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Criminal Justice and Courts Act 2015

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3After Schedule 2 insert—

Section 163A

SCHEDULE 2AU.K.Offences relating to members of the Court Martial

InterpretationU.K.

1(1)In this Schedule, “lay member” means a member of the Court Martial other than a judge advocate.

(2)References in this Schedule to a member, or lay member, of the Court Martial are to any member, or lay member, whether or not the person is a person subject to service law or a civilian subject to service discipline.

(3)In this Schedule, “the trial period”, in relation to a person specified as a lay member of the Court Martial for proceedings, is the period—

(a)beginning when the person is sworn to try the case, and

(b)ending when the proceedings terminate or, if earlier, when the lay member is discharged by the judge advocate.

Research by lay membersU.K.

2(1)It is an offence for a lay member of the Court Martial for proceedings to research the case that is the subject of the proceedings during the trial period, subject to the exceptions in sub-paragraphs (5) and (6).

(2)A person researches a case if (and only if) the person—

(a)intentionally seeks information, and

(b)when doing so, knows or ought reasonably to know that the information is or may be relevant to the case.

(3)The ways in which a person may seek information include—

(a)asking a question,

(b)searching an electronic database, including by means of the internet,

(c)visiting or inspecting a place or object,

(d)conducting an experiment, and

(e)asking another person to seek the information.

(4)Information relevant to the case includes information about—

(a)a person involved in events relevant to the case,

(b)the judge advocate for the proceedings,

(c)any other person involved in the trial, whether as a lawyer, a witness or otherwise,

(d)the law relating to the case,

(e)the law of evidence, and

(f)Court Martial procedure.

(5)It is not an offence under this paragraph for a person to seek information if the person needs the information for a reason which is not connected with the case.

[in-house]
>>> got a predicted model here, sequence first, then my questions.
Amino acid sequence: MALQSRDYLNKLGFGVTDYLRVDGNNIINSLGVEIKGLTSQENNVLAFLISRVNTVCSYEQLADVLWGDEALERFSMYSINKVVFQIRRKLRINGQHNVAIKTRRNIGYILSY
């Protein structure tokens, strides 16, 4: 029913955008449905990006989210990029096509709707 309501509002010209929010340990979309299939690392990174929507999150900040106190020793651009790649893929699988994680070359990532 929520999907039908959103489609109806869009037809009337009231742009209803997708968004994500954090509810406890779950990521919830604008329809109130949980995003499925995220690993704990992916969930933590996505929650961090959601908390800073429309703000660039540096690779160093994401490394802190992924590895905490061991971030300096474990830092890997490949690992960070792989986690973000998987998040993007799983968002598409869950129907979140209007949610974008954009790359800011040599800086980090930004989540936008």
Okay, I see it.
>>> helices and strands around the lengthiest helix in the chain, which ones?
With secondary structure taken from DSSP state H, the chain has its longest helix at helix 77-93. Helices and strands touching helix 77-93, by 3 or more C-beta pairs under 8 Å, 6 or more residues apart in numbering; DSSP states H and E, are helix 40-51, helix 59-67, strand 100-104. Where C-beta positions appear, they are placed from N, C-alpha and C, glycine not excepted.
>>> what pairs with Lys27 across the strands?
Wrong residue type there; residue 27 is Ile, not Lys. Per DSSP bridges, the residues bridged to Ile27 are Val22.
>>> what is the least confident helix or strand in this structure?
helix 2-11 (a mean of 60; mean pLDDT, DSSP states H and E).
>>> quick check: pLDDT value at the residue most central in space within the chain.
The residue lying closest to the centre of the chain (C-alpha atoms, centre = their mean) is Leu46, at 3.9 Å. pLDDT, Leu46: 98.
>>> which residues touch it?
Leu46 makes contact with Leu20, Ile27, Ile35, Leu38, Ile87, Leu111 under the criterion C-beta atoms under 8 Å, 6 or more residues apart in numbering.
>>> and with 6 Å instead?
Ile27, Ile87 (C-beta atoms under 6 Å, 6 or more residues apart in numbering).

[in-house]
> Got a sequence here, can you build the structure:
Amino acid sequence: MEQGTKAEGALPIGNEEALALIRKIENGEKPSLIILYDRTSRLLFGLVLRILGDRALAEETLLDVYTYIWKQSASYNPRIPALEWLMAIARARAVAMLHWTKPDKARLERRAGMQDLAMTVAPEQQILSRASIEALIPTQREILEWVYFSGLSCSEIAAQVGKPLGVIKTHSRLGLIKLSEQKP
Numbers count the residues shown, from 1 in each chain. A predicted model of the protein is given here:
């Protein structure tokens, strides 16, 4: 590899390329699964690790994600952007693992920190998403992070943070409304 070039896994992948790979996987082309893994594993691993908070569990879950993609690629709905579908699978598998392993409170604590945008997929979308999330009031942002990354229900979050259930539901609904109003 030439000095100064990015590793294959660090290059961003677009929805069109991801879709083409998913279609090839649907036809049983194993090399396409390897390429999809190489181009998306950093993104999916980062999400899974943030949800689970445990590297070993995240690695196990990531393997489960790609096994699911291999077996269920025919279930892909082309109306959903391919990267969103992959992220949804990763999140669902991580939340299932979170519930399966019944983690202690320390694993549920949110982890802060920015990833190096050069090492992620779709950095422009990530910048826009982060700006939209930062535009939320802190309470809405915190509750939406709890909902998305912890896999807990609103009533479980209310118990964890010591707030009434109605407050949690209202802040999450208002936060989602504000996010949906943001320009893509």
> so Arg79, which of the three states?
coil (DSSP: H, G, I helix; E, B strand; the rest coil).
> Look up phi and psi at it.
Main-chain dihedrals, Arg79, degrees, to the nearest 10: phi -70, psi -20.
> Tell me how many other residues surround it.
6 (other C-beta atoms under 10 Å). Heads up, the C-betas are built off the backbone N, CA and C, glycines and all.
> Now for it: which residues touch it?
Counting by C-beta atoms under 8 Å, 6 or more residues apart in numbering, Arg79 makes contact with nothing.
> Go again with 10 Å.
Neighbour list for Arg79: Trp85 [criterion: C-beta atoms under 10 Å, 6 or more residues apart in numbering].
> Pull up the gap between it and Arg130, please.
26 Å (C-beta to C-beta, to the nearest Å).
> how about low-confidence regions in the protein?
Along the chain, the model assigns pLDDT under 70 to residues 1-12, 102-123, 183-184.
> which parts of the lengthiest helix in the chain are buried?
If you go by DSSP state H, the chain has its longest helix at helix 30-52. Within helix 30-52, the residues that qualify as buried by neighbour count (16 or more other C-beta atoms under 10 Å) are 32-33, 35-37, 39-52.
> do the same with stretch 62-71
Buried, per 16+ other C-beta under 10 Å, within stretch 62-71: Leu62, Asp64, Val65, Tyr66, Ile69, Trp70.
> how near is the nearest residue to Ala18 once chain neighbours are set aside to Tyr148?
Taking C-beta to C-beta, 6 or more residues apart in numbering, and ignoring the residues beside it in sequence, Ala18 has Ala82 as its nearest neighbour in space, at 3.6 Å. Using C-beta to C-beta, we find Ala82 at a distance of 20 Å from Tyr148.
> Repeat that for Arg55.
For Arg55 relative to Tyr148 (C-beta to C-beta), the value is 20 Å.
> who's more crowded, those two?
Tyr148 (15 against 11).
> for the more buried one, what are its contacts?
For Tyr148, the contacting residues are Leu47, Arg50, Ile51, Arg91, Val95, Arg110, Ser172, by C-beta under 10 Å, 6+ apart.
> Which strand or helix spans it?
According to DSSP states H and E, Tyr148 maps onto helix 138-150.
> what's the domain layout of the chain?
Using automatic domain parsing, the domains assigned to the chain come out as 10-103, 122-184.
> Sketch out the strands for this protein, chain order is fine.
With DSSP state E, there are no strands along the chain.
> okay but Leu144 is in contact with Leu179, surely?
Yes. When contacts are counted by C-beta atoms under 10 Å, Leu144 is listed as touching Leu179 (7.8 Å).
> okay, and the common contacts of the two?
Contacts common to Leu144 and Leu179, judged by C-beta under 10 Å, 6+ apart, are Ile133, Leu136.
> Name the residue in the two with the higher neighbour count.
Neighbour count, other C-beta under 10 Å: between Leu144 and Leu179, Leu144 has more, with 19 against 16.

(6)It is not an offence under this paragraph for a person—

(a)to attend the proceedings in question;

(b)to seek information from the judge advocate for the proceedings;

(c)to seek information from the court administration officer or from a member of the Military Court Service;

(d)to do anything which the Judge Advocate General directs or authorises the person to do;

(e)to do anything which the judge advocate dealing with the issue directs or authorises the person to do;

(f)to seek information from another lay member of the Court Martial for the proceedings, unless the person knows or ought reasonably to know that the other lay member contravened this paragraph in the process of obtaining the information;

(g)to do anything else which is reasonably necessary in order for the Court Martial to make a finding on a charge or pass a sentence.

(7)A person guilty of an offence under this paragraph is liable to any punishment mentioned in the Table in section 164, but a sentence of imprisonment imposed in respect of the offence must not exceed two years.

Sharing research with other lay membersU.K.

3(1)It is an offence for a lay member of the Court Martial for proceedings intentionally to disclose information to another lay member of that court for the proceedings during the trial period if—

(a)the lay member contravened paragraph 2 in the process of obtaining the information, and

(b)the information has not been provided to the Court Martial during the course of the proceedings.

(2)Information has been provided to the Court Martial during the course of the proceedings if (and only if) it has been provided as part of—

(a)evidence presented in the proceedings,

(b)information provided to a lay member or the lay members during the trial period by the court administration officer or a member of the Military Court Service, or

(c)other information provided to a lay member or the lay members during the trial period by, or with the permission of, the judge advocate dealing with the issue.

(3)A person guilty of an offence under this paragraph is liable to any punishment mentioned in the Table in section 164, but a sentence of imprisonment imposed in respect of the offence must not exceed two years.

Engaging in other prohibited conductU.K.

4(1)It is an offence for a lay member of the Court Martial for proceedings intentionally to engage in prohibited conduct during the trial period, subject to the exceptions in sub-paragraphs (4) and (5).